] will improve the accuracy of disclosures, however such data are not yet available.
There are a number of limitations to this pilot work. First, these are exploratory analyses on a small cohort of American physicians, whose characteristics and behaviors are likely not representative of US physicians in general, including those who receive much smaller total payments or those who do not receive funds from industry. Second, the database that we examined was limited to the payments of only 7 pharmaceutical companies during variable intervals in 2009 and 2010. The exact dates for payments were not available, and the categorization of types of payments varied across companies, making comparisons of the reasons for payments difficult.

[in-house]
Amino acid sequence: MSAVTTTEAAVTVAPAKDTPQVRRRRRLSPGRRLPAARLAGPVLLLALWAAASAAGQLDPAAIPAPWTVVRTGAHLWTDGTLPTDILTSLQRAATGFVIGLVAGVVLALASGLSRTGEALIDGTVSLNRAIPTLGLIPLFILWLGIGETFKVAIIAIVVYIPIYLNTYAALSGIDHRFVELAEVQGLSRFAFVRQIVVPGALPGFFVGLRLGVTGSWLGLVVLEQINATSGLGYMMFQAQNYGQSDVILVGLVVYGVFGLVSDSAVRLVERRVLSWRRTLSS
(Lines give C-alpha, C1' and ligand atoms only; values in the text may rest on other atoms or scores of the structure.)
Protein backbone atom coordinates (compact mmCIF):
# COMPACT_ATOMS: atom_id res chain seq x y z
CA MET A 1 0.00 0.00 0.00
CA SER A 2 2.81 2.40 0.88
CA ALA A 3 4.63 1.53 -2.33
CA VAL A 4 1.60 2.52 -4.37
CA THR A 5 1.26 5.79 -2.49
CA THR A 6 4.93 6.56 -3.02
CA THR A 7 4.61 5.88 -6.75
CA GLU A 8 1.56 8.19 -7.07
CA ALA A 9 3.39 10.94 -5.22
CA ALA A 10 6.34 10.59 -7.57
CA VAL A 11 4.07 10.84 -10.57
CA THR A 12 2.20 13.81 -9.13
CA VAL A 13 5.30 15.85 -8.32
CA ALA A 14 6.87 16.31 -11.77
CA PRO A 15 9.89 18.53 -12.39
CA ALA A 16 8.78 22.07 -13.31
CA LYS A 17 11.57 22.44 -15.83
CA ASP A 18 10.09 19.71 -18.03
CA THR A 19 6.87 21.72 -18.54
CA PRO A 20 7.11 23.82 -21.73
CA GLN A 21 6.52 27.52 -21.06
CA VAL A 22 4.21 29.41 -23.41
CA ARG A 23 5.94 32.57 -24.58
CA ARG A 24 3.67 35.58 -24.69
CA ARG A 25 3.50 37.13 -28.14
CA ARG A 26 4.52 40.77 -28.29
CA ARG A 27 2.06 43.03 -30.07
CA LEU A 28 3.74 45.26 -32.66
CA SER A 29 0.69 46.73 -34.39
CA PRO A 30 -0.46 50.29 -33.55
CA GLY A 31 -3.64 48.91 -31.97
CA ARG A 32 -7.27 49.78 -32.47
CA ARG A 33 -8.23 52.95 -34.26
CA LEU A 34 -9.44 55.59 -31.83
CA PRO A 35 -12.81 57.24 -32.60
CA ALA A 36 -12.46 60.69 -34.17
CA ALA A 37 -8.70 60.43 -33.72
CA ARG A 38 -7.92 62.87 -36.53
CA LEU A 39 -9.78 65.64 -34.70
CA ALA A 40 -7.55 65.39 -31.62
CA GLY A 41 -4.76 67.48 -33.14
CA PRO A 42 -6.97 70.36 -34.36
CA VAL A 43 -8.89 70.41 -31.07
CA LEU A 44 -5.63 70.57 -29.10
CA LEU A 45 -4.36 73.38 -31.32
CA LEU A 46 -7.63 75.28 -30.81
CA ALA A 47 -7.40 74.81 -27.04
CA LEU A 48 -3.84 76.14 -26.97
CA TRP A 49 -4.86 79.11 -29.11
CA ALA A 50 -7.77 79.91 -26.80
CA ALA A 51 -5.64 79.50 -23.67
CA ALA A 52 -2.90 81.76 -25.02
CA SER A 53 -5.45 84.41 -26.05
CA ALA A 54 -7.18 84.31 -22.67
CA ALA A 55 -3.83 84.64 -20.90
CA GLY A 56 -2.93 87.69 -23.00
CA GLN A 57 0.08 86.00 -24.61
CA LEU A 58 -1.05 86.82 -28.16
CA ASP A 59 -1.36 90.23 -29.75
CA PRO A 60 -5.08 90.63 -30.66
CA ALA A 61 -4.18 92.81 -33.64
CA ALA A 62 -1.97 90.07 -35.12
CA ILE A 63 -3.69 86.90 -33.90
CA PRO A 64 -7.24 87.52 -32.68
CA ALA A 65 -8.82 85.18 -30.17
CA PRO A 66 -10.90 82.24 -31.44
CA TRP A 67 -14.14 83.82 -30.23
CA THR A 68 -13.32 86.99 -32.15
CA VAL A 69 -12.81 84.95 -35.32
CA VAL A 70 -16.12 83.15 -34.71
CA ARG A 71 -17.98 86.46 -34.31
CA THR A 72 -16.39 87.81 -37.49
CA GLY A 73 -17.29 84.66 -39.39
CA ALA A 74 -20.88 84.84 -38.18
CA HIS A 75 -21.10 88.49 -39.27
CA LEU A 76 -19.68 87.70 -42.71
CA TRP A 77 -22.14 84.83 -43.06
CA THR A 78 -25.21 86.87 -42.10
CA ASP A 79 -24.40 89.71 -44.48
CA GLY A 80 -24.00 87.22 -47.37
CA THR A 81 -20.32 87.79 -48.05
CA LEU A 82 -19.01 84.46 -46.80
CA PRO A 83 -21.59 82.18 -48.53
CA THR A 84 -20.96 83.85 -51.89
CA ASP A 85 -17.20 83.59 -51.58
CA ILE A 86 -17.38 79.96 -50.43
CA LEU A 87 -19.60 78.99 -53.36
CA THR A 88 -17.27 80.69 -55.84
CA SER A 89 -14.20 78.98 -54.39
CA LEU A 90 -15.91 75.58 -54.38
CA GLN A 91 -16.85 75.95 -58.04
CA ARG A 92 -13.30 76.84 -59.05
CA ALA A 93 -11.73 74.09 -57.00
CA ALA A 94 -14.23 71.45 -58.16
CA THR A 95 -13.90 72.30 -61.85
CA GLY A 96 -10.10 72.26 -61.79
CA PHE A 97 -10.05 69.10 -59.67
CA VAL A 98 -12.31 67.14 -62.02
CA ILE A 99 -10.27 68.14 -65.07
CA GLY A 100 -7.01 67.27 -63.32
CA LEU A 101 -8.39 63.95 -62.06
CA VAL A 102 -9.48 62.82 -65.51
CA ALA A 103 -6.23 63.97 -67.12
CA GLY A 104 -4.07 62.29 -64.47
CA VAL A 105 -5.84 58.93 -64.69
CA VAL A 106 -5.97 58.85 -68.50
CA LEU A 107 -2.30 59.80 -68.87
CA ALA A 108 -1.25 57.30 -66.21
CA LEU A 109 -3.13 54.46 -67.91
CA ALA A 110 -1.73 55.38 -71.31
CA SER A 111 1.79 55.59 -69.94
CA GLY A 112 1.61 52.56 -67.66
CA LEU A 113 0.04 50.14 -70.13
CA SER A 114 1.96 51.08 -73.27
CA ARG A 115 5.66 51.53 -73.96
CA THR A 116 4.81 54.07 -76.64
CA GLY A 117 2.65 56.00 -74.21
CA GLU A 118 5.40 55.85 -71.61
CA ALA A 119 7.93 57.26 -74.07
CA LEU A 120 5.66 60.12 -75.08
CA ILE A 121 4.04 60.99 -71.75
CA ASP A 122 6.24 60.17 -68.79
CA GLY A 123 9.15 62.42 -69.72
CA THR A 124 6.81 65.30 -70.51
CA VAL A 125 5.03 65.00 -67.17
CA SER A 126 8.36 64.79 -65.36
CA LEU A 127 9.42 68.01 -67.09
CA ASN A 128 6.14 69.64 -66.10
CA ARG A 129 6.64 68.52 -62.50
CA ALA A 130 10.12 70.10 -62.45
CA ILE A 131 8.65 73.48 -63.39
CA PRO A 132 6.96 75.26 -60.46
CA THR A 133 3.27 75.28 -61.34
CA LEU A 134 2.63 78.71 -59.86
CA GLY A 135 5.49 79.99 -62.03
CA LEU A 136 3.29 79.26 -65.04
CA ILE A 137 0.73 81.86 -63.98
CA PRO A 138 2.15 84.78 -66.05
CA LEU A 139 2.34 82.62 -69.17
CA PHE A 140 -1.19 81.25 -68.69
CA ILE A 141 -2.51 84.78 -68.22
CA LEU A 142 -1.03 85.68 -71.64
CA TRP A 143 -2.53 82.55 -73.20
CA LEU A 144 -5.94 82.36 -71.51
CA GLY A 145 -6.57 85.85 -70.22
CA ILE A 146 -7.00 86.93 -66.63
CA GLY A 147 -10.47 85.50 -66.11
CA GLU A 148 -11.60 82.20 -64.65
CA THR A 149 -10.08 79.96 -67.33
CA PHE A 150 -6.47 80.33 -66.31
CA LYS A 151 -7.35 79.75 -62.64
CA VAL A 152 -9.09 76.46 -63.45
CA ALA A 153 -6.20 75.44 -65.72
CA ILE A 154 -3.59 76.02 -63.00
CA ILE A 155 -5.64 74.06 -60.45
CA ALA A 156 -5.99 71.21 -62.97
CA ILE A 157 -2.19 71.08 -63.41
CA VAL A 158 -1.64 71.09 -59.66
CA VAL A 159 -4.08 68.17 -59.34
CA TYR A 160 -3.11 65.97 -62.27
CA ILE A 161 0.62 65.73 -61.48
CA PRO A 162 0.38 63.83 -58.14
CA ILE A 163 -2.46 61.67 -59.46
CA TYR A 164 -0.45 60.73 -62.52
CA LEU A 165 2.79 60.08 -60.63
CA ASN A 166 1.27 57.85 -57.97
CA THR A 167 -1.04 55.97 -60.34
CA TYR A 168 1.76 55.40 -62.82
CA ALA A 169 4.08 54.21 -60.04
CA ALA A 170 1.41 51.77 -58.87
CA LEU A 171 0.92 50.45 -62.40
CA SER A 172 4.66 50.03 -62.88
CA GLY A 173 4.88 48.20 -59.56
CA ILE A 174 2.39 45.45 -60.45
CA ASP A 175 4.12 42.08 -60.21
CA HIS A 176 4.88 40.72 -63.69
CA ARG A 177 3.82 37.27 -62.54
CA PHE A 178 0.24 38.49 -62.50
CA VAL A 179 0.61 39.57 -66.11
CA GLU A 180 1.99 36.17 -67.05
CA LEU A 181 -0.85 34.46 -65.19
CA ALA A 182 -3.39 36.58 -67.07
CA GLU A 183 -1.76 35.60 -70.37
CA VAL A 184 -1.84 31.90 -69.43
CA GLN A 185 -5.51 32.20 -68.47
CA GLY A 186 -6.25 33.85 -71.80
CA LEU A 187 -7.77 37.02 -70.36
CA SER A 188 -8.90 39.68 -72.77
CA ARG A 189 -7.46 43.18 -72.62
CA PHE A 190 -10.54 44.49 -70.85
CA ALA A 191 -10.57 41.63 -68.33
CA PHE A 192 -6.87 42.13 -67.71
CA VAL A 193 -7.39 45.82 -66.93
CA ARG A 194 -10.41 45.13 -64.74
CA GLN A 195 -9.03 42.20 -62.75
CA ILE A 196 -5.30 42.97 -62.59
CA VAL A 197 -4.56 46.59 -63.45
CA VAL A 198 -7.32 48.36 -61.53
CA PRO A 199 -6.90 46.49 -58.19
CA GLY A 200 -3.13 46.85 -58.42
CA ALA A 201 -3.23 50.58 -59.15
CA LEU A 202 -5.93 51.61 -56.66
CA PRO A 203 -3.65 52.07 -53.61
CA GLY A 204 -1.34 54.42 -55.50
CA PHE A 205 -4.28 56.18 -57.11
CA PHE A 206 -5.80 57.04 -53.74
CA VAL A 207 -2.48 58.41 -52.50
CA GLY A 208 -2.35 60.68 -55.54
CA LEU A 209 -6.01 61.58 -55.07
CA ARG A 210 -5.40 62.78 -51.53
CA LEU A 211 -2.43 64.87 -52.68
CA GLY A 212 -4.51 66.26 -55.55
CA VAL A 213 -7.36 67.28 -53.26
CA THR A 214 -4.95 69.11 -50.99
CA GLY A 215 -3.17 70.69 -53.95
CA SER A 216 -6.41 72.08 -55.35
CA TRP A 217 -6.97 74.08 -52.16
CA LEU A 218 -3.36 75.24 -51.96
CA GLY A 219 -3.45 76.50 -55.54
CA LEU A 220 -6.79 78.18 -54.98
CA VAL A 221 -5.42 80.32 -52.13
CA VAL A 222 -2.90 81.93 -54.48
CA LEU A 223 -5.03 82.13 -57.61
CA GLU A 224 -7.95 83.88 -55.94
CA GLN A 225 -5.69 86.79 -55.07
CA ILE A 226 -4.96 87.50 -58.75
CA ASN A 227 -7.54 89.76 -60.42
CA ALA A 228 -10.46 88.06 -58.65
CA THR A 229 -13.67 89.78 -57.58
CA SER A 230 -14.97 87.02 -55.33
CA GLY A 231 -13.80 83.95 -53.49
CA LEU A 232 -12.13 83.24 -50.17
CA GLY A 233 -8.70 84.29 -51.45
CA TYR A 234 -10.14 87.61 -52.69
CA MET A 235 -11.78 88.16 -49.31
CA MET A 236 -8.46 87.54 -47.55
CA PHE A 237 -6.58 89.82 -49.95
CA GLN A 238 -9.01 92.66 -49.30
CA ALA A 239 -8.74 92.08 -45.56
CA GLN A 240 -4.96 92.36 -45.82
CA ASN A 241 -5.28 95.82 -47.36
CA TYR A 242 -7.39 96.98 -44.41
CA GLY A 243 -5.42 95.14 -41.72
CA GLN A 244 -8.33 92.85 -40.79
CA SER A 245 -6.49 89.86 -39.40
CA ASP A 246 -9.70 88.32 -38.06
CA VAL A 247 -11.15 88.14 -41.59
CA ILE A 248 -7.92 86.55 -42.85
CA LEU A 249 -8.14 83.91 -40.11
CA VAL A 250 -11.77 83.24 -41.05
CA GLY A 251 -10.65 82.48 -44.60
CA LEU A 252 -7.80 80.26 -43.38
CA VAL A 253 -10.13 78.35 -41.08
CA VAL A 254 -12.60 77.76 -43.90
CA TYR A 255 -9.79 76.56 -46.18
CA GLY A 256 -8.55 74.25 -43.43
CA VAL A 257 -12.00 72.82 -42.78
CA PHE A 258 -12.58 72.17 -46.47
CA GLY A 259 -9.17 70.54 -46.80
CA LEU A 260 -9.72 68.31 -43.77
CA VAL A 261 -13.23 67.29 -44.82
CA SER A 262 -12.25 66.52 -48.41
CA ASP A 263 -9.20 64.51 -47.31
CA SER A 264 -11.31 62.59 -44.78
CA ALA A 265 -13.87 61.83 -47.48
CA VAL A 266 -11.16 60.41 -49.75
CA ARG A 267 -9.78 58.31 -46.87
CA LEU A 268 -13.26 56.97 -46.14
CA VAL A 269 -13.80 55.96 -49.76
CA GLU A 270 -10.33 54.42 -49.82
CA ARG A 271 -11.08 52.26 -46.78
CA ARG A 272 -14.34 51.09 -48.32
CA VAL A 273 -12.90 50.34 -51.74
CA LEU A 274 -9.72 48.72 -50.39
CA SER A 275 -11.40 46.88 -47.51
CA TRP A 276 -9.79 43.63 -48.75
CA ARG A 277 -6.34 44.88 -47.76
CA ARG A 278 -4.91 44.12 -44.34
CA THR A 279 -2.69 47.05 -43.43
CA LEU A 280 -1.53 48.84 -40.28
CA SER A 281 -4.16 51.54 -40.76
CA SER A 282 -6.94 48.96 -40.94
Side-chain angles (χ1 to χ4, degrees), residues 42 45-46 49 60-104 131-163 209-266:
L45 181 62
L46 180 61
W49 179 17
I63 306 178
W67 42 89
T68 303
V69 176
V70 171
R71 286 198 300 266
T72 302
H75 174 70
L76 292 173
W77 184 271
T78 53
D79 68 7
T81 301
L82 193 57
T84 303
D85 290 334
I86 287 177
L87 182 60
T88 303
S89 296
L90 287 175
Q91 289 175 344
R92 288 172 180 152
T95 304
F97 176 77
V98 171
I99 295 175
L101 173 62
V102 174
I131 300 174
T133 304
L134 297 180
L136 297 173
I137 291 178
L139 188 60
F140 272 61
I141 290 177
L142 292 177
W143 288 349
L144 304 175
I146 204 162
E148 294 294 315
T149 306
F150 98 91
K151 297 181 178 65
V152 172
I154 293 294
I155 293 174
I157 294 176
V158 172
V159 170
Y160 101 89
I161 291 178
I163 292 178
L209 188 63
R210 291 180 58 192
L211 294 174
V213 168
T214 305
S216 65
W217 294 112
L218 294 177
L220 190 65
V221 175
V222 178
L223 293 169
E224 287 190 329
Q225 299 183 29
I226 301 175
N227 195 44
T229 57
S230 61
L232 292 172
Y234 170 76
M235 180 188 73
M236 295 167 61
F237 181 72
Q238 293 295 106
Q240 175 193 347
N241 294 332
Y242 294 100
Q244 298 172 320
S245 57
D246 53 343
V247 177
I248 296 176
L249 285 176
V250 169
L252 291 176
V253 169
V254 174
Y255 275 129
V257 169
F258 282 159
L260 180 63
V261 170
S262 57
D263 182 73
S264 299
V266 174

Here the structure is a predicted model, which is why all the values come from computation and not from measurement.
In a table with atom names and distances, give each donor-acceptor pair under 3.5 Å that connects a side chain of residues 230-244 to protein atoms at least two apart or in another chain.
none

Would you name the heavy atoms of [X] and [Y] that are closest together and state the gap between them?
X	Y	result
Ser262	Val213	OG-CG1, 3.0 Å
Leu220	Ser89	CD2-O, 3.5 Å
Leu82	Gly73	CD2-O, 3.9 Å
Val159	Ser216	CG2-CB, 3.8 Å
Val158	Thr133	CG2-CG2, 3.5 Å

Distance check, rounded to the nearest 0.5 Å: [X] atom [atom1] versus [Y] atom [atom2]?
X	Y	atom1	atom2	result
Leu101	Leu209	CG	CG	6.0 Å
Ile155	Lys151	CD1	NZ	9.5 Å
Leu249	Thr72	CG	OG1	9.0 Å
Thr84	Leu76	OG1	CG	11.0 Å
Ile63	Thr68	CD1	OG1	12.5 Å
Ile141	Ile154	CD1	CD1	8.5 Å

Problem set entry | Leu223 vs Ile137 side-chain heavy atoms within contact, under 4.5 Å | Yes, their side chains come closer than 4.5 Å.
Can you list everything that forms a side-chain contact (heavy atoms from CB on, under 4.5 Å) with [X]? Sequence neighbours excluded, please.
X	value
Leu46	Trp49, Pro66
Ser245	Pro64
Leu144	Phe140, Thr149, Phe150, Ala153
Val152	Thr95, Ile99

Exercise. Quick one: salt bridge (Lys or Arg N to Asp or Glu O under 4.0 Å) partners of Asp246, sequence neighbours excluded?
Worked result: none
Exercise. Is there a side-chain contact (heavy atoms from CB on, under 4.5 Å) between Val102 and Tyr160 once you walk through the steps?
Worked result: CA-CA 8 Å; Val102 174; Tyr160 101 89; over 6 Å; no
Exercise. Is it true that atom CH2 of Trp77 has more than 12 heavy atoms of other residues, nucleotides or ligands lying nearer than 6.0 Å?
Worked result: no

Third, we faced challenges identifying publications by our physician cohort: exact author names vary (e.g., use of middle initial or not) and can resemble names of non-cohort authors. If we failed to identify all of the author’s publications, we may bias our assessment of rates of discrepancies if missing publications have a different disclosure rate than the rate in the publications that we identified. There is a delay in indexing publications in Medline thus more recent publications may have been missed.
Fourth, our assessment of rates of discrepancies cannot be equated with inaccurate disclosures because of several assumptions that we made. We did not examine journal COI policies, but rather assumed that all journals required disclosures. We also did not examine how journal COI policies address relevance of the topic of the publication to the disclosure. We assumed that all payments in the database should have been disclosed in the identified publications.